After an initial widely shared and discussed ITV report from 22nd March 2021, it took another report on the 13th of April for the Housing Ombudsman to launch an investigation into some dire living conditions for many (social housing) tenants across the country.
In a response to the initial report, Housing Secretary Robert Jenrick said that while he was “disgusted by the images revealed by ITV” and “those practises will be rooted out”, he “does not think the conditions of the social housing in Croydon are representative of the whole of the UK”.
However, in response to both the first and second report, reporter Daniel Hewitt “was ‘inundated’ with ‘hundreds and hundreds’ of examples”. “ITV News investigations have found there is a ‘growing problem with severe mould and damp’ throughout the UK, with councils often not dealing with residents’ complaints.”
The Blame Game never changes…
The blame for mould and damp, as Hewitt explains in an interview, is often placed with the tenants themselves. This is something that I recognise myself. I have heard it working in the social housing sector for over 10 years in two different countries. I’ve heard it from many peers working in both sectors, especially in the UK. I’ve heard and experienced it living in a 1960s-built terraced home.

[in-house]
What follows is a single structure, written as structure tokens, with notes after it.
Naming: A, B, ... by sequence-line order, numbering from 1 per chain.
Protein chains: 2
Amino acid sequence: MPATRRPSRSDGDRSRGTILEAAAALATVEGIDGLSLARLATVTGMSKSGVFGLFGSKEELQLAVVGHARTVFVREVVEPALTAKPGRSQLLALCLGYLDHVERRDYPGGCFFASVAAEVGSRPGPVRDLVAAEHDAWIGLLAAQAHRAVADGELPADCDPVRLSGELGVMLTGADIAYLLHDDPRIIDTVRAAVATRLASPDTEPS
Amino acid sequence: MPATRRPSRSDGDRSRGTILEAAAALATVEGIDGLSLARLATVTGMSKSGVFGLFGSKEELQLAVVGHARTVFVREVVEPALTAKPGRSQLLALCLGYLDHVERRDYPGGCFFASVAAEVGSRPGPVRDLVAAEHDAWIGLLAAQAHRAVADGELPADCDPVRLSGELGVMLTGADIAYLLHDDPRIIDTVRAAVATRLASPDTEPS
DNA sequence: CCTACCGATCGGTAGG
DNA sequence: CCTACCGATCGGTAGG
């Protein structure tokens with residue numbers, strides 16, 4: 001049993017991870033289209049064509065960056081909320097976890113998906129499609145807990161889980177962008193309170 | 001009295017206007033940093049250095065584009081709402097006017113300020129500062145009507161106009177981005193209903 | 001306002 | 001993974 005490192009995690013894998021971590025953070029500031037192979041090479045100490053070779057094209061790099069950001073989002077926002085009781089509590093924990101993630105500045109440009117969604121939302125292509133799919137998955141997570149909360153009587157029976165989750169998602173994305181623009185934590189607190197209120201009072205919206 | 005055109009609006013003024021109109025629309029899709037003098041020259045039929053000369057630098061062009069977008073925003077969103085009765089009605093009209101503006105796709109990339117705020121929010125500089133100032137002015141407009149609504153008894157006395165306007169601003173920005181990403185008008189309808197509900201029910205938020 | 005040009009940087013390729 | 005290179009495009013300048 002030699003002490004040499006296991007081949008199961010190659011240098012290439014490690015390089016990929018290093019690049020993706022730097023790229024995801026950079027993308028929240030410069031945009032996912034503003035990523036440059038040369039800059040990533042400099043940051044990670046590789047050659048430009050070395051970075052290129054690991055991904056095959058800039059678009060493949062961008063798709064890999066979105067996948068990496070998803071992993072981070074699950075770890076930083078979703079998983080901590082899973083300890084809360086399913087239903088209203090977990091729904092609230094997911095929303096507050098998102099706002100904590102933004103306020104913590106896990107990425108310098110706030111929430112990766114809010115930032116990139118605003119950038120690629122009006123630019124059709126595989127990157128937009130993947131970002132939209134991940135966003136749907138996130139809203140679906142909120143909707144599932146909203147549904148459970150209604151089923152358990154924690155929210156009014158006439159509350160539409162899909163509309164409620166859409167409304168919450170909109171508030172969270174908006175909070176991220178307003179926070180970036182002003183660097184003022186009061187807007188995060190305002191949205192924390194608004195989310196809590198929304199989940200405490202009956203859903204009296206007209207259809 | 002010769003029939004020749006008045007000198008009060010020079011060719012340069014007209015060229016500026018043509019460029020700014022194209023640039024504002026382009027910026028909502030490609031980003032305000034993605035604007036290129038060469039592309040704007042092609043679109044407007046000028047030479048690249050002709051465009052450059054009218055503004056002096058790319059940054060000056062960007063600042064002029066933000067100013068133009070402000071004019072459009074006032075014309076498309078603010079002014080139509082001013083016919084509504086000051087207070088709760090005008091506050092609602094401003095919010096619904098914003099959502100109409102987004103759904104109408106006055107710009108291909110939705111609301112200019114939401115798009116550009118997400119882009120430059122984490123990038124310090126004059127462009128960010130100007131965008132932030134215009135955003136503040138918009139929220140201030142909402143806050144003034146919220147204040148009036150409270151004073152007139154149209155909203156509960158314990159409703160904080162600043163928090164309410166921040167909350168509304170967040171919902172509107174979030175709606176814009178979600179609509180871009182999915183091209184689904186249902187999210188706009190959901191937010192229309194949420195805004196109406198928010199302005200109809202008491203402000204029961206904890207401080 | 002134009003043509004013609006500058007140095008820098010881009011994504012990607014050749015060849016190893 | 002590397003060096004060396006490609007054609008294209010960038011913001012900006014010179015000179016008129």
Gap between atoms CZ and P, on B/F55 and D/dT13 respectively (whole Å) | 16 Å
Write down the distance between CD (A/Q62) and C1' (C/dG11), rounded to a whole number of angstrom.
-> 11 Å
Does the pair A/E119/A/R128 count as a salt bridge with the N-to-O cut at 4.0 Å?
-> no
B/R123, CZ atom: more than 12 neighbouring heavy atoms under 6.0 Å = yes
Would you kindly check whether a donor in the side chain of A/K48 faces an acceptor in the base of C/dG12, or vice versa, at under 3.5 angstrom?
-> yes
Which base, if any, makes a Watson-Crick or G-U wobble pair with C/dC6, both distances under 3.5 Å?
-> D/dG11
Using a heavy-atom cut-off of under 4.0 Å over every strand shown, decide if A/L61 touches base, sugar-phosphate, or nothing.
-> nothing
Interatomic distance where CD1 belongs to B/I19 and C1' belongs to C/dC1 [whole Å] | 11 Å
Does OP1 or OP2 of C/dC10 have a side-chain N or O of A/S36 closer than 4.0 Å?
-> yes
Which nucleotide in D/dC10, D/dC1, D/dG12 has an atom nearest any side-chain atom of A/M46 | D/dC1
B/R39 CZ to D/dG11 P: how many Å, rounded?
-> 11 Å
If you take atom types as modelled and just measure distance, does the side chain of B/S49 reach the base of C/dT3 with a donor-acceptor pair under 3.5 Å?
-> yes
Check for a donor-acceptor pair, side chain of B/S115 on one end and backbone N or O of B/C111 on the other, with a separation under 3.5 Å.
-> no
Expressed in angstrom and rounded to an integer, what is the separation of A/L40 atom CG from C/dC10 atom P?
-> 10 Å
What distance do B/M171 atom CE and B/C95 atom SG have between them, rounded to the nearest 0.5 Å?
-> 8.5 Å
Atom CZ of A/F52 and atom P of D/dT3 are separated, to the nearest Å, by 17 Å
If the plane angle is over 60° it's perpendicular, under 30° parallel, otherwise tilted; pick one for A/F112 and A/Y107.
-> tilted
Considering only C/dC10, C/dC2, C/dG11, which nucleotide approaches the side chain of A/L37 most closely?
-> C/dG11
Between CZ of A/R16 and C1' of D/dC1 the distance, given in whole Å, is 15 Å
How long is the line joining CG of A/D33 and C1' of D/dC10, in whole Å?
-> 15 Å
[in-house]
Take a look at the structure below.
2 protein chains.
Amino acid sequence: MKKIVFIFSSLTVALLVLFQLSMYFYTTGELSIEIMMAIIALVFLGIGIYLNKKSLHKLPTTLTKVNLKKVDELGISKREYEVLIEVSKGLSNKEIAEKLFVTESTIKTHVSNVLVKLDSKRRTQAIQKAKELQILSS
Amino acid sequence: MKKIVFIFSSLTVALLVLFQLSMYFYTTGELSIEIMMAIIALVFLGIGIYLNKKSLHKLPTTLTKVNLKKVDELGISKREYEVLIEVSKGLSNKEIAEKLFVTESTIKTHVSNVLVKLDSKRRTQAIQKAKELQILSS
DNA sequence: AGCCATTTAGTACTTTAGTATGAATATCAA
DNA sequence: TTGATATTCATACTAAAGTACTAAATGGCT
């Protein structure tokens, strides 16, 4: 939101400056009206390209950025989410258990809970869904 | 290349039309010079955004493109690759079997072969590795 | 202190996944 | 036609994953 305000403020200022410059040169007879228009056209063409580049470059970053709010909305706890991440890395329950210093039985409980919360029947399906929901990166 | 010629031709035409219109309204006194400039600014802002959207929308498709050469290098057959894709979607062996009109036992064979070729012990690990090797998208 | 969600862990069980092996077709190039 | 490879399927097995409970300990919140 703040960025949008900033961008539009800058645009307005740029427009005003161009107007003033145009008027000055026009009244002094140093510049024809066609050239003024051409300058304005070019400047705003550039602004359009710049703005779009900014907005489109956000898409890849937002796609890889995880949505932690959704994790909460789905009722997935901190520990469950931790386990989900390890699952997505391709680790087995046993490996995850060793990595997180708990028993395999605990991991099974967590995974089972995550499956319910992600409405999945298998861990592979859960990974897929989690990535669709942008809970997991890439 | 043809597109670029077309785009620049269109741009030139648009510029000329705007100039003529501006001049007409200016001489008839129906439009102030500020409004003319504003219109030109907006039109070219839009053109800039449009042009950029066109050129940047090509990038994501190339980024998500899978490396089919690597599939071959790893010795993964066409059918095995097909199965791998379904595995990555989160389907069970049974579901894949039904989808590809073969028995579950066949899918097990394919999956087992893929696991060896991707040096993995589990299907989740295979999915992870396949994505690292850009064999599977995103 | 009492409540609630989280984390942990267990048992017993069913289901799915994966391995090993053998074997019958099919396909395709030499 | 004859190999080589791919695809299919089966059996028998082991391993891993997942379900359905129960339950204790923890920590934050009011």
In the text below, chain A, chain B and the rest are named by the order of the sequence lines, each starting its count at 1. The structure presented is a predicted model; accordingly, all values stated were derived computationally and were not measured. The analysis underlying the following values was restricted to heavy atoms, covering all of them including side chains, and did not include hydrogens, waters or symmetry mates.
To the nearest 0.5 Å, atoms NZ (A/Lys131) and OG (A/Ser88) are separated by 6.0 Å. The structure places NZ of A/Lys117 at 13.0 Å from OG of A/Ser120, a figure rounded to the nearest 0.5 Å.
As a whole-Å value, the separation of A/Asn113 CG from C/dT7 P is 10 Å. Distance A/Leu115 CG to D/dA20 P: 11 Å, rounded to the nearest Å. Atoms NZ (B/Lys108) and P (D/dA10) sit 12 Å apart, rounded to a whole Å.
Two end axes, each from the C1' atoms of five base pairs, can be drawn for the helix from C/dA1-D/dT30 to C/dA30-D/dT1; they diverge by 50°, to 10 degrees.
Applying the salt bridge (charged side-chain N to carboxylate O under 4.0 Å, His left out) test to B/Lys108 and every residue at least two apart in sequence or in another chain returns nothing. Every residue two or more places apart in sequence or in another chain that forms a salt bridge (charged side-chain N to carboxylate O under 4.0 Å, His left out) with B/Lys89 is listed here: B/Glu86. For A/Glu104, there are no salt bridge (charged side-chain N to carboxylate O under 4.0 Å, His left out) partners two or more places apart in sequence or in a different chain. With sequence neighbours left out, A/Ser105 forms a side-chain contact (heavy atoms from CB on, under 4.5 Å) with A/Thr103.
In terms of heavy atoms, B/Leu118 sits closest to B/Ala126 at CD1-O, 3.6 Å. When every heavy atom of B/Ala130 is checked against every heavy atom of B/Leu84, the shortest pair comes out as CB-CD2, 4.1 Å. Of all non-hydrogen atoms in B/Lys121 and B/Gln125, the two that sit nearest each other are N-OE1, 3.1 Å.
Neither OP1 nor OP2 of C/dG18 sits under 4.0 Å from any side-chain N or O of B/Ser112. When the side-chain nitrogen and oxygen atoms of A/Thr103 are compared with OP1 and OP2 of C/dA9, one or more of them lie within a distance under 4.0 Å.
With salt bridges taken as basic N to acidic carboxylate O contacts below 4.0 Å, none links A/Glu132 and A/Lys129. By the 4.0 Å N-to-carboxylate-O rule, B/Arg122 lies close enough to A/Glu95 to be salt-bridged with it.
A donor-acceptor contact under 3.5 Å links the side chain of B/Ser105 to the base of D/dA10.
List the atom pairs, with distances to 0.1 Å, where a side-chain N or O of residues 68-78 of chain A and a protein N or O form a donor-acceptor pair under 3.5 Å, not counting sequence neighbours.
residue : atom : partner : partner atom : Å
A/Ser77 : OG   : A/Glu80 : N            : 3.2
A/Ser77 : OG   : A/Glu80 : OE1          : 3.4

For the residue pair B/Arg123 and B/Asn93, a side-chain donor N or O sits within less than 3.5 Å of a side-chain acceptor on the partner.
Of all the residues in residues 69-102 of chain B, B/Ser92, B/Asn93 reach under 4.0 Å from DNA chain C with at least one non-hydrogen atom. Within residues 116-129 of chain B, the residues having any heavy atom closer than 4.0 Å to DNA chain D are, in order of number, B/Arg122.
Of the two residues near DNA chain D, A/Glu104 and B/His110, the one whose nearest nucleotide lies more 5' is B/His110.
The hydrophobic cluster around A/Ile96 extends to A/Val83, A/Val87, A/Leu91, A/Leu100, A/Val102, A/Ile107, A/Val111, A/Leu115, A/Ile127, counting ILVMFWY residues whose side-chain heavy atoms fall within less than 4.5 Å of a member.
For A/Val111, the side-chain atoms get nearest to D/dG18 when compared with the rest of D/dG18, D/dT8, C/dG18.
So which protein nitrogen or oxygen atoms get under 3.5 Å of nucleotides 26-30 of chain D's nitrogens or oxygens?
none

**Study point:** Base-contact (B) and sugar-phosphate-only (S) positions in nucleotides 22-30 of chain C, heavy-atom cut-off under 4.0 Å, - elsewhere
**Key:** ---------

As Hewitt says, tenants are told that “they are not ventilating their flat enough, they are not opening the window, they are using the washing machine too much. Effectively the mould and damp is their own problem.”
I have heard many housing staff utter these same phrases in response to reports of damp straight away. Even before someone has had a look that. I’ve seen numerous of such complaints, and which were mostly pleas for help.
I’ve been told it myself by a former private sector landlord, living in a home with radiators placed on internal walls rather than external walls, ventilating the property daily even throughout winter, not even owning a washing machine and only drying washing inside if the weather was absolutely dire outside.
Of course, upon terminating the tenancy, my deposit was withheld because they found specs of mould upon inspection. Specs of mould, after cleaning entire swathes of it throughout our tenancy, from the very beginning; we were at fault.
Damp, mould and condensation are flogged as a ‘lifestyle problem’. This approach ignores the age and/or low build quality of many homes still present in social housing stock. The lack of enough decent homes fit for the 21st century is not a secret. As Hewitt said, “there are almost half a million people in England living in sub-standard social housing in this country. 200,000 of them are living in properties with damp, with risk of electrocution”. This is not a big state secret either. These numbers come from government data.
Proof is in the… putting in sensors
I’m writing to tell you, if you didn’t know already, that there is technology available that can help with detecting and preventing mould and damp from spreading to the levels as seen in the recent reports.